August 22nd, 2010
11:16 PM ET
As controversy swirls around a proposed Islamic center near New York City's ground zero and a handful of other mosque projects around the country, students will arrive this week at a California school that is aiming to become the country's first accredited Muslim college.
Zaytuna College hopes to the train a generation of Islamic clerics and professionals in a Western Islamic tradition that school officials say is ill understood by many of the foreign-born imams currently working in the United States.
"There's a triumphalist view that's not conducive to the type of religion we need to see," said Hamza Yusuf, chairman of Zaytuna's trustees board, describing many foreign-born imams. "American Muslims can help change a lot of the Muslim world to create the potential for conviviality."
The school, located in Berkeley, will offer just two degrees - Arabic, and a combined Islamic law and theology major - when it opens its doors Monday to the 15 students in its first freshmen class. The class includes eight women and seven men.
But its leaders say they plan to expand to around 150 students in the school's first four years and that they want to eventually train young people for careers in U.S. law, journalism, academia, and other fields.
First year tuition is $11,000 plus room and board, according to the school.
The school has yet to generate much controversy, but Yusuf, a co-founder who is the public face of the school, said he expects such criticism will come.
"I think the American people that are criticizing the ground zero mosque... are also criticizing us," he told CNN's Don Lemon on Sunday. "It's par for the course right now. Islam is an acceptable target. To be prejudicial towards Islam is politically correct."
But experts on American Islam say that the strain of modernist, mystical Islam espoused by Yusuf, which draws on Sufi traditions, might be more controversial among conservative Muslims.
"The young look up to Hamza almost as a sort of pop star," said Akbar Ahmed, an American University professor who has just completed a nationwide study of Muslims in the America.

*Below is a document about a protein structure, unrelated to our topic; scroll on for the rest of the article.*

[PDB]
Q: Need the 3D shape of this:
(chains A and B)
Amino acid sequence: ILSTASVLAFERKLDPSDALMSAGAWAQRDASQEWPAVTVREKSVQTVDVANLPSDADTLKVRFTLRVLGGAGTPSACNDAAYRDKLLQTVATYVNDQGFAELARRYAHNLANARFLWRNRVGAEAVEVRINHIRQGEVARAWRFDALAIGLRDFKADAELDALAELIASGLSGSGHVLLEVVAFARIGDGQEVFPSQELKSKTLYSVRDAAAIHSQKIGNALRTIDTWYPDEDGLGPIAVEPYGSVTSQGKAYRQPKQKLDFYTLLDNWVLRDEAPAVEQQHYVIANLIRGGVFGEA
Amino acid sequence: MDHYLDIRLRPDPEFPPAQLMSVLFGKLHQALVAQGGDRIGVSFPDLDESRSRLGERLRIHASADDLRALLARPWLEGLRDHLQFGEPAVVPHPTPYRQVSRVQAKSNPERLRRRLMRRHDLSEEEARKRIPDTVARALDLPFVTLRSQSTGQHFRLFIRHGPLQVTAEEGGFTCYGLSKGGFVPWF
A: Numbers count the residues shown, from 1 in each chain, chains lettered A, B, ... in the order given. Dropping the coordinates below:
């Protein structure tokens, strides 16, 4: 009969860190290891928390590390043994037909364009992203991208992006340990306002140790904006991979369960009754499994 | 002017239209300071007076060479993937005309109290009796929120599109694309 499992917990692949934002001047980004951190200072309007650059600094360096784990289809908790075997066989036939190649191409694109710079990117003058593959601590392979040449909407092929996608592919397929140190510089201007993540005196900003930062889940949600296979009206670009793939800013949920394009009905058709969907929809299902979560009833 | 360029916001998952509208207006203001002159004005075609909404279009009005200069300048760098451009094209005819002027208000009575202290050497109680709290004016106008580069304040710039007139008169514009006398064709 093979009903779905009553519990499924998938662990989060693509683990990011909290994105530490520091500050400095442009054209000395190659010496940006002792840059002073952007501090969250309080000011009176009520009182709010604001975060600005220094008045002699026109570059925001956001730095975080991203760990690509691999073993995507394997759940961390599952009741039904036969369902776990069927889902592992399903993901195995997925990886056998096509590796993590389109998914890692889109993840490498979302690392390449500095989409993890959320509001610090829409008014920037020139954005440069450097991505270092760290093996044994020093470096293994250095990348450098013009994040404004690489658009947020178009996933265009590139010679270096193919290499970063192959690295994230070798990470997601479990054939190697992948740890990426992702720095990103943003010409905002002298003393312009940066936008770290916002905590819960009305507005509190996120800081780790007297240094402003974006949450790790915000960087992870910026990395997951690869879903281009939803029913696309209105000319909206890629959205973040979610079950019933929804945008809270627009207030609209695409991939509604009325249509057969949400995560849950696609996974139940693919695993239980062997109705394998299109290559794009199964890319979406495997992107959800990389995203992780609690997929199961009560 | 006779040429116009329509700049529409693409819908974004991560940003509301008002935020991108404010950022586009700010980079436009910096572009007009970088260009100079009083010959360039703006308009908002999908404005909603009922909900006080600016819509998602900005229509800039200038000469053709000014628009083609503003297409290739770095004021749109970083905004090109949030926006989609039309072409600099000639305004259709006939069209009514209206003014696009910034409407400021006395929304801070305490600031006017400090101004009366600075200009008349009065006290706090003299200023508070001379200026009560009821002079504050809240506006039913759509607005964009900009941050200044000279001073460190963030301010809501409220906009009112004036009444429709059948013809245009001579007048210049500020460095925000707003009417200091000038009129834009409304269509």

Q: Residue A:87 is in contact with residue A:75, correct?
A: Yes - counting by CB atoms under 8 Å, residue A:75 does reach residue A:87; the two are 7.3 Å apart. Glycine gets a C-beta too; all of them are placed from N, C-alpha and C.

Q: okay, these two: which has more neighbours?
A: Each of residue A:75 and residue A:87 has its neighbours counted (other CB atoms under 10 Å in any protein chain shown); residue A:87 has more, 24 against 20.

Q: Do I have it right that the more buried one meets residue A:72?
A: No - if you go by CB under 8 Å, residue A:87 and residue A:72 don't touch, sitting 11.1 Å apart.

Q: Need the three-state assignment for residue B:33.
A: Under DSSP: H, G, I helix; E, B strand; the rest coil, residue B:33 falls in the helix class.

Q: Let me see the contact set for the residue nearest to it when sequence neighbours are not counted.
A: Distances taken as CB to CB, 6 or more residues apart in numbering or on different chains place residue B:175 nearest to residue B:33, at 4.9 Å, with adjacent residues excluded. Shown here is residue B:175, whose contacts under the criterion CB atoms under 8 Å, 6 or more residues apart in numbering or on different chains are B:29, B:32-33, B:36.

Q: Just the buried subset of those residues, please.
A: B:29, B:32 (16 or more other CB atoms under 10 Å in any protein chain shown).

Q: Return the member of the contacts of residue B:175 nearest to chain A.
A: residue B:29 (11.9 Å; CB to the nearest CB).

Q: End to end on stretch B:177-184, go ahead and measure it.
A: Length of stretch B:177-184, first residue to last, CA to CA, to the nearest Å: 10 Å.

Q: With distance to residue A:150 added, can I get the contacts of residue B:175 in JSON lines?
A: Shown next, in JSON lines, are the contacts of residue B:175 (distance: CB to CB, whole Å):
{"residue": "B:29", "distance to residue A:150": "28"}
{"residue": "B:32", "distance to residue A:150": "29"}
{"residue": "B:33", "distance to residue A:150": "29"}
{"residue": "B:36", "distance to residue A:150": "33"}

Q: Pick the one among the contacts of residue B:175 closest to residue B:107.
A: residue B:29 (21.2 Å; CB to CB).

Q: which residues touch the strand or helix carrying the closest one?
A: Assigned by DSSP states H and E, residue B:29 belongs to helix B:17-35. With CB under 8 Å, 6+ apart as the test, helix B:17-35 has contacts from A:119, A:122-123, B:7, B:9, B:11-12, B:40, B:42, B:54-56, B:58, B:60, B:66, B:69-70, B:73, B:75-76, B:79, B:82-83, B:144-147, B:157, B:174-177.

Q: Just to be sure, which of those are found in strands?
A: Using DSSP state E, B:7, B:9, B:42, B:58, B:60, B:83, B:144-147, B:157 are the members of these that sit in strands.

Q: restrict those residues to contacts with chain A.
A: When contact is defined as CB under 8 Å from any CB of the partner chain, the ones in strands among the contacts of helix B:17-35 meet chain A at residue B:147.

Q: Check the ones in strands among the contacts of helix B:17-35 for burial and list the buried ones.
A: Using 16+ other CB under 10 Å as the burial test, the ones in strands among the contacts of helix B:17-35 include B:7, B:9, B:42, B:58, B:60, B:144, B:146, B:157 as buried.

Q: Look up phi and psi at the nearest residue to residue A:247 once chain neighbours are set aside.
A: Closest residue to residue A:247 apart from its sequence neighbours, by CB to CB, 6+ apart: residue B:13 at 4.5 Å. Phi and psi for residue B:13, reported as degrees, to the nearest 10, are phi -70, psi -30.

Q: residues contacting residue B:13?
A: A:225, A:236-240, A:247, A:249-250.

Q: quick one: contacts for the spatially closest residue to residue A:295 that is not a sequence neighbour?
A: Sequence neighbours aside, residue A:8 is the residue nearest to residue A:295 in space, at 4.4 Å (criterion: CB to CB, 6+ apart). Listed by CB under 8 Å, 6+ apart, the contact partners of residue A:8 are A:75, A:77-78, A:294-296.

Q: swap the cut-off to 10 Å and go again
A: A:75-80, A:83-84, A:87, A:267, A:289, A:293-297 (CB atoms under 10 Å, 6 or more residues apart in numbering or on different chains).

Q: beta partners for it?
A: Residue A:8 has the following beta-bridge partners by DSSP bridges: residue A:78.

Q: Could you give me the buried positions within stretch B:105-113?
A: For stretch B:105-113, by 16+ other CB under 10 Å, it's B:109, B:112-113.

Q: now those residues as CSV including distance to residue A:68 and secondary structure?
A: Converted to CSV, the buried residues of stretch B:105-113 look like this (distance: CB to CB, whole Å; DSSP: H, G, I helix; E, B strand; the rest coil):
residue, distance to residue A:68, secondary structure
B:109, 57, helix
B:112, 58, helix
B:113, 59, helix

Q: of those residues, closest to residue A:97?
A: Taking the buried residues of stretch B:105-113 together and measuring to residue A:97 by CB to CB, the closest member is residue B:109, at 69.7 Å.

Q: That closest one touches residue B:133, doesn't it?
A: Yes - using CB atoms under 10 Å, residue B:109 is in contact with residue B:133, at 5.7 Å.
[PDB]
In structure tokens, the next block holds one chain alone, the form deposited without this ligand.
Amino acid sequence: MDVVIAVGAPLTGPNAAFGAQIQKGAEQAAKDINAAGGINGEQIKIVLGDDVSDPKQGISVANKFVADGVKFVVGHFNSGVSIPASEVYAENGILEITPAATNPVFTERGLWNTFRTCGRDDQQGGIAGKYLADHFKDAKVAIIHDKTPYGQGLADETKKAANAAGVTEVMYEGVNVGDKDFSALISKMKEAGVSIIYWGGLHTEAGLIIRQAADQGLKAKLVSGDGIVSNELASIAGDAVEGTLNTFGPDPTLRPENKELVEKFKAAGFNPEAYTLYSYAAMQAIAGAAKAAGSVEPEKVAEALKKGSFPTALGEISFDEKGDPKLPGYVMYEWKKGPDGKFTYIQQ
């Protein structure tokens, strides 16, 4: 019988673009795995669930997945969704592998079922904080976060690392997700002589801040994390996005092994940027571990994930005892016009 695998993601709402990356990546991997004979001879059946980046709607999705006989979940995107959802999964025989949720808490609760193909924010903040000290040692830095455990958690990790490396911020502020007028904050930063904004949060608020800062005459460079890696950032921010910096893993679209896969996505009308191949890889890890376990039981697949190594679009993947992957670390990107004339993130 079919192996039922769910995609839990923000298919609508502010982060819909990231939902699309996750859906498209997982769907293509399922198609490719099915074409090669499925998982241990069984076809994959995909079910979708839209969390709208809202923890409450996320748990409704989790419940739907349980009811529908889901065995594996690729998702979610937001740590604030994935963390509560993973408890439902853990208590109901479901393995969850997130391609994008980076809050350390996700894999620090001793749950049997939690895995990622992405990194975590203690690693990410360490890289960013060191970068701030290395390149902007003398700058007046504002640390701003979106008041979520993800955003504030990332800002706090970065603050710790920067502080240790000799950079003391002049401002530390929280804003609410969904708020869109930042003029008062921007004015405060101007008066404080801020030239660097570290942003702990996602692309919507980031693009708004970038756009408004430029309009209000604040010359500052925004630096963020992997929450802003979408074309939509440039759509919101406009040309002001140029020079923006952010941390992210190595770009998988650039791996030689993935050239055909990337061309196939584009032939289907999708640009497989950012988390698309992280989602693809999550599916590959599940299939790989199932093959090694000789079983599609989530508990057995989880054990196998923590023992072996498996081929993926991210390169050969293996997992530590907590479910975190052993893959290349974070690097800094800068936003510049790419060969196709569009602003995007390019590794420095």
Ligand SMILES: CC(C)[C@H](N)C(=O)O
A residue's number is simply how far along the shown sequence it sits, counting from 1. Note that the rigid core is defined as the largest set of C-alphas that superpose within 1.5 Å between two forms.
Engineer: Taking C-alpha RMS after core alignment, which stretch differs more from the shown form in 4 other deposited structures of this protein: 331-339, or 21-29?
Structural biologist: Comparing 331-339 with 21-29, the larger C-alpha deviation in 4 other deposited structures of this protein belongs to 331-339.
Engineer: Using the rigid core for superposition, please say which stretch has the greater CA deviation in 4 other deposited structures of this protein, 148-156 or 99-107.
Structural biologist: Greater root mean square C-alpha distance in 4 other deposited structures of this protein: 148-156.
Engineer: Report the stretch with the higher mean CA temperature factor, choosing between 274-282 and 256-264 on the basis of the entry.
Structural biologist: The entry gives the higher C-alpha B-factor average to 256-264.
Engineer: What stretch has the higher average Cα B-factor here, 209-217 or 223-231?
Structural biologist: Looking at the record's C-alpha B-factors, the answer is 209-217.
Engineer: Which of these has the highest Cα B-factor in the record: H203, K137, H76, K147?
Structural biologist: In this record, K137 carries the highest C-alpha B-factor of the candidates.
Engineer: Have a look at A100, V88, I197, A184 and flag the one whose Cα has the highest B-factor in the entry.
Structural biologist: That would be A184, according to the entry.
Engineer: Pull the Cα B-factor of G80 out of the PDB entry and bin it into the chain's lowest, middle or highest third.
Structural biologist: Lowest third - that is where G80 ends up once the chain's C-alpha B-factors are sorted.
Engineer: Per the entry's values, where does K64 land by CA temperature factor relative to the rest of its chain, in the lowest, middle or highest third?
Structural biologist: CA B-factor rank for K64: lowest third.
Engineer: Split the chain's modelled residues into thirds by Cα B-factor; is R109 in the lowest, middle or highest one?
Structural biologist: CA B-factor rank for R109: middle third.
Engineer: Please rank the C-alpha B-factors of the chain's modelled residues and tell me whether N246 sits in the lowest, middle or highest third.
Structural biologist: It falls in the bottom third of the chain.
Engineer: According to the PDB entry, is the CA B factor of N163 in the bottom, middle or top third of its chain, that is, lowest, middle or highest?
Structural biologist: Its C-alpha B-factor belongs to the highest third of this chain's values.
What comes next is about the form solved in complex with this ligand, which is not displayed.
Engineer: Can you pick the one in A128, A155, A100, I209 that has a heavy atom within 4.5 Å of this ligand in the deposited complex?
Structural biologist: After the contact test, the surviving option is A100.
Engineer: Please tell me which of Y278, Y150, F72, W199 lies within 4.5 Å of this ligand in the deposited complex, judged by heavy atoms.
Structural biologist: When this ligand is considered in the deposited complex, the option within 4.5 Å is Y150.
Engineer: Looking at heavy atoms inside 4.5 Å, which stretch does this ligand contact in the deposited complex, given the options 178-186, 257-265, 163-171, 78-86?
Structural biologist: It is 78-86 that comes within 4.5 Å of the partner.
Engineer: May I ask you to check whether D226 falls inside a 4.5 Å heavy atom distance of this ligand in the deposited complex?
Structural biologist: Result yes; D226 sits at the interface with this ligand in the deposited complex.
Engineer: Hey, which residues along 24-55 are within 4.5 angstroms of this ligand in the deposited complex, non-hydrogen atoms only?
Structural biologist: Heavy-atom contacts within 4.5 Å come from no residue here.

"But he has expressed discomfort with some of the things that immigrant Muslims do and say," Ahmed said, "and many of the literalists see people like him as compromised or as having crossed over."
Ahmed said the failure of many foreign-born imams to relate to a younger generation on issues such as drugs and sex has provoked some Muslim young people to seek guidance from radicals abroad, feeding the phenomenon of homegrown American terrorism.
Zaytuna's website echoes that concern.
"There are very few Muslim scholars who can meet the religious and pastoral needs of a rapidly expanding Muslim community in the West," the site says. "...much of our younger generation has become alienated from the mosque and from religious culture."
Yusuf said he expected some criticism from fellow Muslims. "This is a growing pain for our community but it's a step in the right direction," he said.
The school has operated for more than a decade as a seminary but is now seeking accreditation from respected higher education boards, including the Western Association of Schools and Colleges.
Though Zaytuna has received little attention outside the Muslim world, many American Muslims have been watching the project closely.
"It is hugely significant," said Eboo Patel, a prominent Muslim activist who focuses on youth organizing. "Part of what America is about is that people from diverse background build on traditions that are inspired by their heritage but that serve the common good, in the same way that Catholic universities or Jewish hospitals do."
"The big story right now is the integration of Muslims into America," he said, "and the establishment of Zaytuna is an important milestone in that arc."
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